(Episode 29) At Whom the Buck Stops (the Tenth Amendment)
"The powers not delegated to the United States by the Constitution, nor prohibited by it to the States, are reserved to the States respectively, or to the people."
Though in the modern-day, the text of the Tenth Amendment seems like an obvious point, the historical context in which the Amendment was proposed (and ultimately included) shows just how important it was. In that way, it's similar to the Ninth Amendment we covered last episode. While the Ninth Amendment talks about how there are more rights of the people that aren't listed in the Constitution, the Tenth Amendment essentially says, "Hey, federal government: if the power isn't listed, you don't have it - states or people do."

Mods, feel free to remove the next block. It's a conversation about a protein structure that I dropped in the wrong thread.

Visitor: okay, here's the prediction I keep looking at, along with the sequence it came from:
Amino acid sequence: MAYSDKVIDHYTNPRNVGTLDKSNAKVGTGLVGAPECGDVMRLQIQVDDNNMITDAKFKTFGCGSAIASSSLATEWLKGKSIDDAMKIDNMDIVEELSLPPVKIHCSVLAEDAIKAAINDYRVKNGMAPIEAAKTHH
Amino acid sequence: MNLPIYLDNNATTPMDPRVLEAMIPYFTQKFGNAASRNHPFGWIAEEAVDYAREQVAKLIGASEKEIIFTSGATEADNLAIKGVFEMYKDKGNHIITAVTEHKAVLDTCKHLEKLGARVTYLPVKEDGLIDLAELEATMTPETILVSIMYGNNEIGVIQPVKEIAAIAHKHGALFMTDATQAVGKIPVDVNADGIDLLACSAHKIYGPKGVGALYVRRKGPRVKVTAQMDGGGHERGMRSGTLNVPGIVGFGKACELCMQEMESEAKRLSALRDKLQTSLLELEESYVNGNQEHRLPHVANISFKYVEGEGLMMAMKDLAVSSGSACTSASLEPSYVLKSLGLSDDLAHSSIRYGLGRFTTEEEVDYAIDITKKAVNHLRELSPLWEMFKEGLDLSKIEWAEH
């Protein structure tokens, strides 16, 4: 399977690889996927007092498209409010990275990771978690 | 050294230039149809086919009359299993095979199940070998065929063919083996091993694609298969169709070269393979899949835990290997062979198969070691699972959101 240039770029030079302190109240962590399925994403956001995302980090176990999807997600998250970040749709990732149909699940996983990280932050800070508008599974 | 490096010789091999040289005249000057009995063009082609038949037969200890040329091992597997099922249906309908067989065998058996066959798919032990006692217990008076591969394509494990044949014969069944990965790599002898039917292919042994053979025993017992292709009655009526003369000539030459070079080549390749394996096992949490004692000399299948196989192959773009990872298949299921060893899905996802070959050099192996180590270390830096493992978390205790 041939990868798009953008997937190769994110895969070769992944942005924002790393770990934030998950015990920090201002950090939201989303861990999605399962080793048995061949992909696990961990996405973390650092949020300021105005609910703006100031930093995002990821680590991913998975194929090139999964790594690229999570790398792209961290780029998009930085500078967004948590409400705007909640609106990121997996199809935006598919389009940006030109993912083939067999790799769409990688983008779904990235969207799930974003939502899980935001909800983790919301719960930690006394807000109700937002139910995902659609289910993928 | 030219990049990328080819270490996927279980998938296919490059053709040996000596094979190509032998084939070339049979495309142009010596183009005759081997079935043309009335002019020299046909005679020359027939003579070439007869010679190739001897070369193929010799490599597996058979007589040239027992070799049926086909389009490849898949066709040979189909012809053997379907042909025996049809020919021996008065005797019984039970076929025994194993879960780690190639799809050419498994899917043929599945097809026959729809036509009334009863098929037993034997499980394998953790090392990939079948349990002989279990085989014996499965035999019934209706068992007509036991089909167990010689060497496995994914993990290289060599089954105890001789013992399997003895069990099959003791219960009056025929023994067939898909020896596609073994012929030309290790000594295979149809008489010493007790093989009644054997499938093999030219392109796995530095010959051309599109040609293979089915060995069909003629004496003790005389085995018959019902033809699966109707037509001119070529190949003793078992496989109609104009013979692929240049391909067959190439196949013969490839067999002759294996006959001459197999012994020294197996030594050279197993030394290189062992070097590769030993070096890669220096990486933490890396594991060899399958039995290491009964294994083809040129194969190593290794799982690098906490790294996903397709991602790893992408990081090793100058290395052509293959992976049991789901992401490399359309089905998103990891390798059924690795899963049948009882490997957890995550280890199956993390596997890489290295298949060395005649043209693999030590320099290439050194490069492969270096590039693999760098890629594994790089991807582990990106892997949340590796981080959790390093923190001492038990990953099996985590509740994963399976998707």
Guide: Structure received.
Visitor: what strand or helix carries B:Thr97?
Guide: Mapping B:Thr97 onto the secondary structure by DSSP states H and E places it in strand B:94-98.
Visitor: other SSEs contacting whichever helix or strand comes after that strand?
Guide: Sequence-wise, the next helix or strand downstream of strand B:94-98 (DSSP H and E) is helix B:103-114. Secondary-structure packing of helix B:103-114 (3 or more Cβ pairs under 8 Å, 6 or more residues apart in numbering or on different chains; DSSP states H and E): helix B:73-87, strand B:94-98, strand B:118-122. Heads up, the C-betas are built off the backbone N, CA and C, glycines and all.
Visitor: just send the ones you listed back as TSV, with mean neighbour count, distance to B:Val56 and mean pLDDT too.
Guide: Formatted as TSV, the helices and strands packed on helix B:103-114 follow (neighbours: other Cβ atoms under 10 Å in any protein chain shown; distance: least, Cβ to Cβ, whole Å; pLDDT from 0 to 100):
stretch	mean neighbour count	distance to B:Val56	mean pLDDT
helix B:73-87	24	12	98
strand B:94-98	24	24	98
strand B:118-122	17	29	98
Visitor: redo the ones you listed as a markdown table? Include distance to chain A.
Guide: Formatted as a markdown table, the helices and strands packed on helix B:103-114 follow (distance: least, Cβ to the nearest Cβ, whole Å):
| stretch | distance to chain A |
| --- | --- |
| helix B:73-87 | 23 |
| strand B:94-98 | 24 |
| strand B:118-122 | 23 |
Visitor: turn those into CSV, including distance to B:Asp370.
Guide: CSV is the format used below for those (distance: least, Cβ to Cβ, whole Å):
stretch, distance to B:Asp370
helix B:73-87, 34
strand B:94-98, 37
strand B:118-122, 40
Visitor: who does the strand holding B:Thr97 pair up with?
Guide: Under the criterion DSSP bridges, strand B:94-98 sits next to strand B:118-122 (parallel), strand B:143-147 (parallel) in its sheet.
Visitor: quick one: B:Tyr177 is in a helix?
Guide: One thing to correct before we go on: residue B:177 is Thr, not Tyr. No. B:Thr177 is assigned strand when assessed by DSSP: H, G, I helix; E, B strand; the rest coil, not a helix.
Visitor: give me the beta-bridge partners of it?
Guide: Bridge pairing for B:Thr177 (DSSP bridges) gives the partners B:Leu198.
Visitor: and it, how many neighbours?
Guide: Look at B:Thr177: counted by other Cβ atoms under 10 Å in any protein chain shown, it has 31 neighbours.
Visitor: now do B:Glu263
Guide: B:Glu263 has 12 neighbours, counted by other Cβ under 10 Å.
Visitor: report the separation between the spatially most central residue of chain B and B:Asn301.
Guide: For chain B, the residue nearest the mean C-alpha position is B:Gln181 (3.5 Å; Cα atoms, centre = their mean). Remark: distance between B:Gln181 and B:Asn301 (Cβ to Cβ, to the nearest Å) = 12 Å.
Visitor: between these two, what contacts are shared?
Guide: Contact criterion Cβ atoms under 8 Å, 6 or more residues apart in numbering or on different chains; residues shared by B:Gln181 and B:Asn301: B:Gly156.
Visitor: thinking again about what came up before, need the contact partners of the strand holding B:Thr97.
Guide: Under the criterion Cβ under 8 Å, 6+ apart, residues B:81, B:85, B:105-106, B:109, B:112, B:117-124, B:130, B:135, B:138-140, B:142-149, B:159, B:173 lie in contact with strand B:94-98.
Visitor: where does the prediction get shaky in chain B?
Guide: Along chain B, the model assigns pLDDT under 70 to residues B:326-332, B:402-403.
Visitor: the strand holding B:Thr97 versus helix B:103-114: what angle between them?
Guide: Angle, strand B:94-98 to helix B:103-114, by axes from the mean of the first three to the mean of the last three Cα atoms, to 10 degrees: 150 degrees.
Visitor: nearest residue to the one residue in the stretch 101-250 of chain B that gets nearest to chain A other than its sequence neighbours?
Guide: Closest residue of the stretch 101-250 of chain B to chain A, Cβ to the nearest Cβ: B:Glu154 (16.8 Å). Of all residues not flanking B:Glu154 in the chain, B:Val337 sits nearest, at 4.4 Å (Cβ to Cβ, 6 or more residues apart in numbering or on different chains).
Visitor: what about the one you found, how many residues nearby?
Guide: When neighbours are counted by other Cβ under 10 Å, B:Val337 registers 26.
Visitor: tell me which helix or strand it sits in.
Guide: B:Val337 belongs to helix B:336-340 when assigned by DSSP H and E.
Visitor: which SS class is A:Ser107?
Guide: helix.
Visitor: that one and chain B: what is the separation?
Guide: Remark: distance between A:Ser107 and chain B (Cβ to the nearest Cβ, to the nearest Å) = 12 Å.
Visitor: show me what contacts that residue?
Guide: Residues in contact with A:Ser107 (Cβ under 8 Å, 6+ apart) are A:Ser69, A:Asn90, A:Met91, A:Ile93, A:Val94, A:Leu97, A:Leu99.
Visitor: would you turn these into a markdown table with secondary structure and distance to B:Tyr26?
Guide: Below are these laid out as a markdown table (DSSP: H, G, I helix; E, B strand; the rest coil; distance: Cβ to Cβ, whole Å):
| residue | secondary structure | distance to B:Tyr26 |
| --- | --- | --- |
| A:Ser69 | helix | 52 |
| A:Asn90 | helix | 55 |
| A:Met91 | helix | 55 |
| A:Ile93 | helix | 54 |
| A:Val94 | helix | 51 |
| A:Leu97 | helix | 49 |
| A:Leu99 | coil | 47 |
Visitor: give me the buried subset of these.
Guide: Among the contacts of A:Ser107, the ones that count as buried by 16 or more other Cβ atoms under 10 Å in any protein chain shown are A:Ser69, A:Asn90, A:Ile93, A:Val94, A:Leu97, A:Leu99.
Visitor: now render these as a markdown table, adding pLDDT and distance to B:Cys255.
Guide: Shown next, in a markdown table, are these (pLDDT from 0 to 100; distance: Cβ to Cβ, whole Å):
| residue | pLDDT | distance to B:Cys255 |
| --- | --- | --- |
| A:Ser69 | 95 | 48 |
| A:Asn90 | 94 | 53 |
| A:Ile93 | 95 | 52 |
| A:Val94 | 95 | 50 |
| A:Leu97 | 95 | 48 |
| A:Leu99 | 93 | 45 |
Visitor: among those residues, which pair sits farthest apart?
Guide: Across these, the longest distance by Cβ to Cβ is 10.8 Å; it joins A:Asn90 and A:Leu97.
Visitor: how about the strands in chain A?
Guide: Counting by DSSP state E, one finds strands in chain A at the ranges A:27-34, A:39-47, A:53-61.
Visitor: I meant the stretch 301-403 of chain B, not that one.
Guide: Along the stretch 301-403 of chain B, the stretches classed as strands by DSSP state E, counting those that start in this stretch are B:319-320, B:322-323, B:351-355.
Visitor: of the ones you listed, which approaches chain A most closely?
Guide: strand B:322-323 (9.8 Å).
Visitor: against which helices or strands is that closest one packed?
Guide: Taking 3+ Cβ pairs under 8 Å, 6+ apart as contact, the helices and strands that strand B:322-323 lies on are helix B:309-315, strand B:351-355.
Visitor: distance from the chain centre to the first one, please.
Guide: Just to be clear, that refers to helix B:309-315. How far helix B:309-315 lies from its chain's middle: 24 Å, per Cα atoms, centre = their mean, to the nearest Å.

Is that still true today? Think about how big the federal government is and the scope of its powers. Now, think back to your high school U.S. History class. When might that have started? Is it a good thing, a bad thing, or a mixed bag?
Or was the Supreme Court right when it said that the Tenth Amendment is "but a truism"? Or is it "A Truism with Teeth"? If it has sort of died out or lost its luster, should we try to revive it or let it be?
If you're thinking we have a lot of questions about this, you're right. Join us as we explore the implications of the Tenth Amendment - including its impact on things like medical marijuana - and see whether we end up finding any answers.
Some other great sources we used include: